Remember to water cuttings regularly, since tender, young plants need extra moisture as they grow new roots. Potted tomatoes are surprisingly thirsty even after they’ve settled into the transplant.
What Not to Do with Tomato Cuttings
If you don’t want to plant your pruned suckers, throw them into the compost pile. But, be careful. If you have chickens, ducks, or other livestock that may forage in the compost bin, tomato suckers can be potential hazards.
Tomato leaves are toxic. Like all members of the nightshade family, their leaves contain a variety of Solanine: a hallucinogenic alkaloid. It causes the body to react in a wide variety of ways from nausea to paralysis. In fact, Medieval “flying ointments” used by witches were made from nightshade plants because of its effects of the mind.
While tomato leaves aren’t as deadly to adult humans as popular rumor would have you believe, they are dangerous. Furthermore, although most animals will avoid eating tomato leaves, some chickens and ducks will devour them.
After eating these leaves, your flock may collapse, barely breathing, while the toxin poisons their bodies. Smaller birds rarely recover from the experience, but larger birds may recover with careful tending.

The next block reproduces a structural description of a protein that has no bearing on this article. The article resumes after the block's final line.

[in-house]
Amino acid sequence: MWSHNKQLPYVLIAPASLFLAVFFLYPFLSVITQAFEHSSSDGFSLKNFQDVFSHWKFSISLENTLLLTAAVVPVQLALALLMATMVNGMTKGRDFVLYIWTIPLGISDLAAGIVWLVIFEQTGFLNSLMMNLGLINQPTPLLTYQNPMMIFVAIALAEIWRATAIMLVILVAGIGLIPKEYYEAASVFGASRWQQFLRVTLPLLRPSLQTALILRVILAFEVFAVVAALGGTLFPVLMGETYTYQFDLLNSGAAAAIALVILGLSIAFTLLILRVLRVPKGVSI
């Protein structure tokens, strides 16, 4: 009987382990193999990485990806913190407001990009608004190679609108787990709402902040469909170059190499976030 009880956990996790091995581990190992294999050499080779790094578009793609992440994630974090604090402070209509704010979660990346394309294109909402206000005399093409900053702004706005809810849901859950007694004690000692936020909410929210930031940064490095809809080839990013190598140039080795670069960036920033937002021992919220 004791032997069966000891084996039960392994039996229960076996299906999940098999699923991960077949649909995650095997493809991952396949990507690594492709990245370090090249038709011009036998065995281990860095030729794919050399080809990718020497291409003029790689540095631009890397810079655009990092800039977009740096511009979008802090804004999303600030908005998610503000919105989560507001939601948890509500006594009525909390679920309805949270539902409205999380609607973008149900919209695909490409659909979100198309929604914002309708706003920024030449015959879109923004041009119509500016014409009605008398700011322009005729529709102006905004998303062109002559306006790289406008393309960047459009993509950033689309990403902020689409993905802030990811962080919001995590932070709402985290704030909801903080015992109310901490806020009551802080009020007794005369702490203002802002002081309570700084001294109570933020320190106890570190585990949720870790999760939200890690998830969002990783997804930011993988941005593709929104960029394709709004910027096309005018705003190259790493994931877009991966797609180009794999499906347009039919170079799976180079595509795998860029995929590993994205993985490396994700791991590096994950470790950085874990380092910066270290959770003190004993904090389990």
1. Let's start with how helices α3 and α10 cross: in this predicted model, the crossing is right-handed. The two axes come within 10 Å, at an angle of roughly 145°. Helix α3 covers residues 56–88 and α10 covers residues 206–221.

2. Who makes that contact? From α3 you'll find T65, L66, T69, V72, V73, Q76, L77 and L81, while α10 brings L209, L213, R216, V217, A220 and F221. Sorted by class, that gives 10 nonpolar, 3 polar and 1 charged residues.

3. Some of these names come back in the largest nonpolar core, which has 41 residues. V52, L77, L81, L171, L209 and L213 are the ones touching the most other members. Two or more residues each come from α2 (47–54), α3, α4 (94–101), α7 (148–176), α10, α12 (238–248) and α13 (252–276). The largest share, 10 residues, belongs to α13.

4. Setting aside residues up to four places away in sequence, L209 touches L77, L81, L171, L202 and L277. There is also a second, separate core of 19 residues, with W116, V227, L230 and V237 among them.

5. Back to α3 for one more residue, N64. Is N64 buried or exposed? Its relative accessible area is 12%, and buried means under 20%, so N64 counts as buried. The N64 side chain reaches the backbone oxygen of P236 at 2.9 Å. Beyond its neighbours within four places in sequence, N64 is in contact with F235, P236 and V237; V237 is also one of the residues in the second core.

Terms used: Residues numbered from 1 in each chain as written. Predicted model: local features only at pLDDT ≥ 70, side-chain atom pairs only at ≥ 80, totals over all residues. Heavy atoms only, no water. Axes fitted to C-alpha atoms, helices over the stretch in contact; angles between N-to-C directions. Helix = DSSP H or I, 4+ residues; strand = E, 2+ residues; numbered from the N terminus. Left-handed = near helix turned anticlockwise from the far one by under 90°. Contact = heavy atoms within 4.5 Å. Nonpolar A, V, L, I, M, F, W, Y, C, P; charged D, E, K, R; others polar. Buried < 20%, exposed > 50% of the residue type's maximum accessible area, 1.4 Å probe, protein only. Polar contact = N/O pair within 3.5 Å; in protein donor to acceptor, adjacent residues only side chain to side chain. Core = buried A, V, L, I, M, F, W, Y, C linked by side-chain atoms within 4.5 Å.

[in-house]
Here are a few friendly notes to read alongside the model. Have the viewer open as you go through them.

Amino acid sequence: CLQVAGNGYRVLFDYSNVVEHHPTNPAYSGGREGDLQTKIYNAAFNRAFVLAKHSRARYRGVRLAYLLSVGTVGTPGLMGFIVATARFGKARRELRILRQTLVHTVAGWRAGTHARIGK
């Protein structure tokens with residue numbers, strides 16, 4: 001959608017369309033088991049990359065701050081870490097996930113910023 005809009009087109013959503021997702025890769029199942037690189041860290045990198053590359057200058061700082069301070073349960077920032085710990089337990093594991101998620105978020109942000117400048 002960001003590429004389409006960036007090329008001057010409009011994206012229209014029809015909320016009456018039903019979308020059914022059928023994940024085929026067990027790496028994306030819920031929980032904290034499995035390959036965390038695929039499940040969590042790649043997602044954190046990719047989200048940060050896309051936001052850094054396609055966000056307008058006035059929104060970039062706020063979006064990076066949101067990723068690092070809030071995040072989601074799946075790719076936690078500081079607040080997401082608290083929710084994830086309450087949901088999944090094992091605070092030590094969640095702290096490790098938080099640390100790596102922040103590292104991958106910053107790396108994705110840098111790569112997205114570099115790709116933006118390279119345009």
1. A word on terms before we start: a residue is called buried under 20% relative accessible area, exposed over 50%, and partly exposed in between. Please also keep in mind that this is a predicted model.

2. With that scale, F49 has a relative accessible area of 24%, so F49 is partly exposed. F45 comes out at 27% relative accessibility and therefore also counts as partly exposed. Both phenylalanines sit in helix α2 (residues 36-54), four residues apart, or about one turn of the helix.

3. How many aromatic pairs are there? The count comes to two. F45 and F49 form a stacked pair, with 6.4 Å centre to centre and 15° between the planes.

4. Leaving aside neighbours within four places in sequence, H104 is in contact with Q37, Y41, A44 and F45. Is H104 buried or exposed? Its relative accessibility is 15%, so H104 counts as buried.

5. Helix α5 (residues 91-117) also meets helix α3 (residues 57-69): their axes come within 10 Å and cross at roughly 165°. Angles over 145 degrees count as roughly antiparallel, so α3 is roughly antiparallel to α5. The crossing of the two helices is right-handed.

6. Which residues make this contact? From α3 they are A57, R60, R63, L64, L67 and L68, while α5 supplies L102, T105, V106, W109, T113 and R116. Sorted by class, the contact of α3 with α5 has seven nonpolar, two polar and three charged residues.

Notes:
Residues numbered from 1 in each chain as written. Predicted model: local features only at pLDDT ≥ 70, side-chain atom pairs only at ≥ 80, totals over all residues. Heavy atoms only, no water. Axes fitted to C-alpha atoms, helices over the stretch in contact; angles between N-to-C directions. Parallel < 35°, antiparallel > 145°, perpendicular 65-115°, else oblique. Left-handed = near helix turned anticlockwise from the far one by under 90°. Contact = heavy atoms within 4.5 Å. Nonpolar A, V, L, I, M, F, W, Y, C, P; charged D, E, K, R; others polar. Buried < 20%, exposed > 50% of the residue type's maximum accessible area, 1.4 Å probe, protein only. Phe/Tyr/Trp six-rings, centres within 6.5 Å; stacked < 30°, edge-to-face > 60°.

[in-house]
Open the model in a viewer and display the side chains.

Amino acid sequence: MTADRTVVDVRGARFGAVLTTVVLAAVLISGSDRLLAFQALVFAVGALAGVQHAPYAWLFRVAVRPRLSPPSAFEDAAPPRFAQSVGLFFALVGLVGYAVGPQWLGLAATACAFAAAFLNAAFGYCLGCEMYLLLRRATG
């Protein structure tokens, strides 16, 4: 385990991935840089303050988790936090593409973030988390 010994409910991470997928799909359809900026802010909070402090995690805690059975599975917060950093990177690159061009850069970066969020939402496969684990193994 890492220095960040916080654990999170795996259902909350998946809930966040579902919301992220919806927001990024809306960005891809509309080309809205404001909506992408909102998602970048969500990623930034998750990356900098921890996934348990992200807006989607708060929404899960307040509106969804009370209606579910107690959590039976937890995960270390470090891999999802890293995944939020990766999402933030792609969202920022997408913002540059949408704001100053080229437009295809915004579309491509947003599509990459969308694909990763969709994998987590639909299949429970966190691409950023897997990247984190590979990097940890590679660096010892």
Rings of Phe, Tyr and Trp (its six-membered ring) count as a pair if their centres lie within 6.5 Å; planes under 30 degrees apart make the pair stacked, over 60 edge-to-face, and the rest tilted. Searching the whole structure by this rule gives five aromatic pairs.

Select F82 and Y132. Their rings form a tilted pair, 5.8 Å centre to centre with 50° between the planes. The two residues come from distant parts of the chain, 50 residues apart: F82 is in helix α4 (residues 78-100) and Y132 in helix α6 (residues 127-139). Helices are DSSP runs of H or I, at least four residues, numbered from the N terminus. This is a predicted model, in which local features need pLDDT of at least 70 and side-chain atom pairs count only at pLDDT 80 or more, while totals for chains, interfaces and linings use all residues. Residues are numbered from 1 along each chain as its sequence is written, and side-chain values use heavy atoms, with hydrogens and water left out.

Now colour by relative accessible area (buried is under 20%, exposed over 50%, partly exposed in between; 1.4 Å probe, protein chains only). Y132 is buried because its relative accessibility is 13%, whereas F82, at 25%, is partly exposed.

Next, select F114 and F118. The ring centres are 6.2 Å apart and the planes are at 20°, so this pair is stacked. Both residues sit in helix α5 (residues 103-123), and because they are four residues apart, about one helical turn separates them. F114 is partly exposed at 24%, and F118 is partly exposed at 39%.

If it looks like your flock has overdosed on tomato suckers, move the sick birds into the shade. Keep them separated from the rest of the flock and give them at least 8 hours to recover. Have some water available. The birds that do recover will be very thirsty.
Easy Tomato Upkeep
Ultimately, it’s you’re decision whether to prune your tomato plants or not. Fortunately, it’s a decision you can make each week, and you can always change your mind.
Maybe right now, your plant needs to spend some time leafing out. Or you’re just too busy this week to even think about pruning. But next week, you may be parting the leaves, looking for those elusive hornworms. If you see a few suckers, pluck them off at the base.
A month later, you might notice that your tomato bed is getting out of hand. Step in there with some little shears and a bucket to collect the cuttings. Your tomatoes will love having a bit of extra space for the sunlight to shine through.
After that, you might choose to continue pruning every week for a while. But if you fall off the wagon, it’s really not going to destroy your garden. U
Good Practices Make Good Gardens
Pruning tomato suckers is a good practice that’ll help you grow big, beautiful tomatoes that taste absolutely delicious. Removing suckers will make your plants produce better, and can help you see and prevent problems before they damage your plants. Best of all, it’ll help your fruit ripen faster.
Just keep in mind that unlike watering and fertilizing, pruning suckers isn’t essential. If you can’t prune this week, don’t worry. No-one will judge you for growing your tomatoes your own way.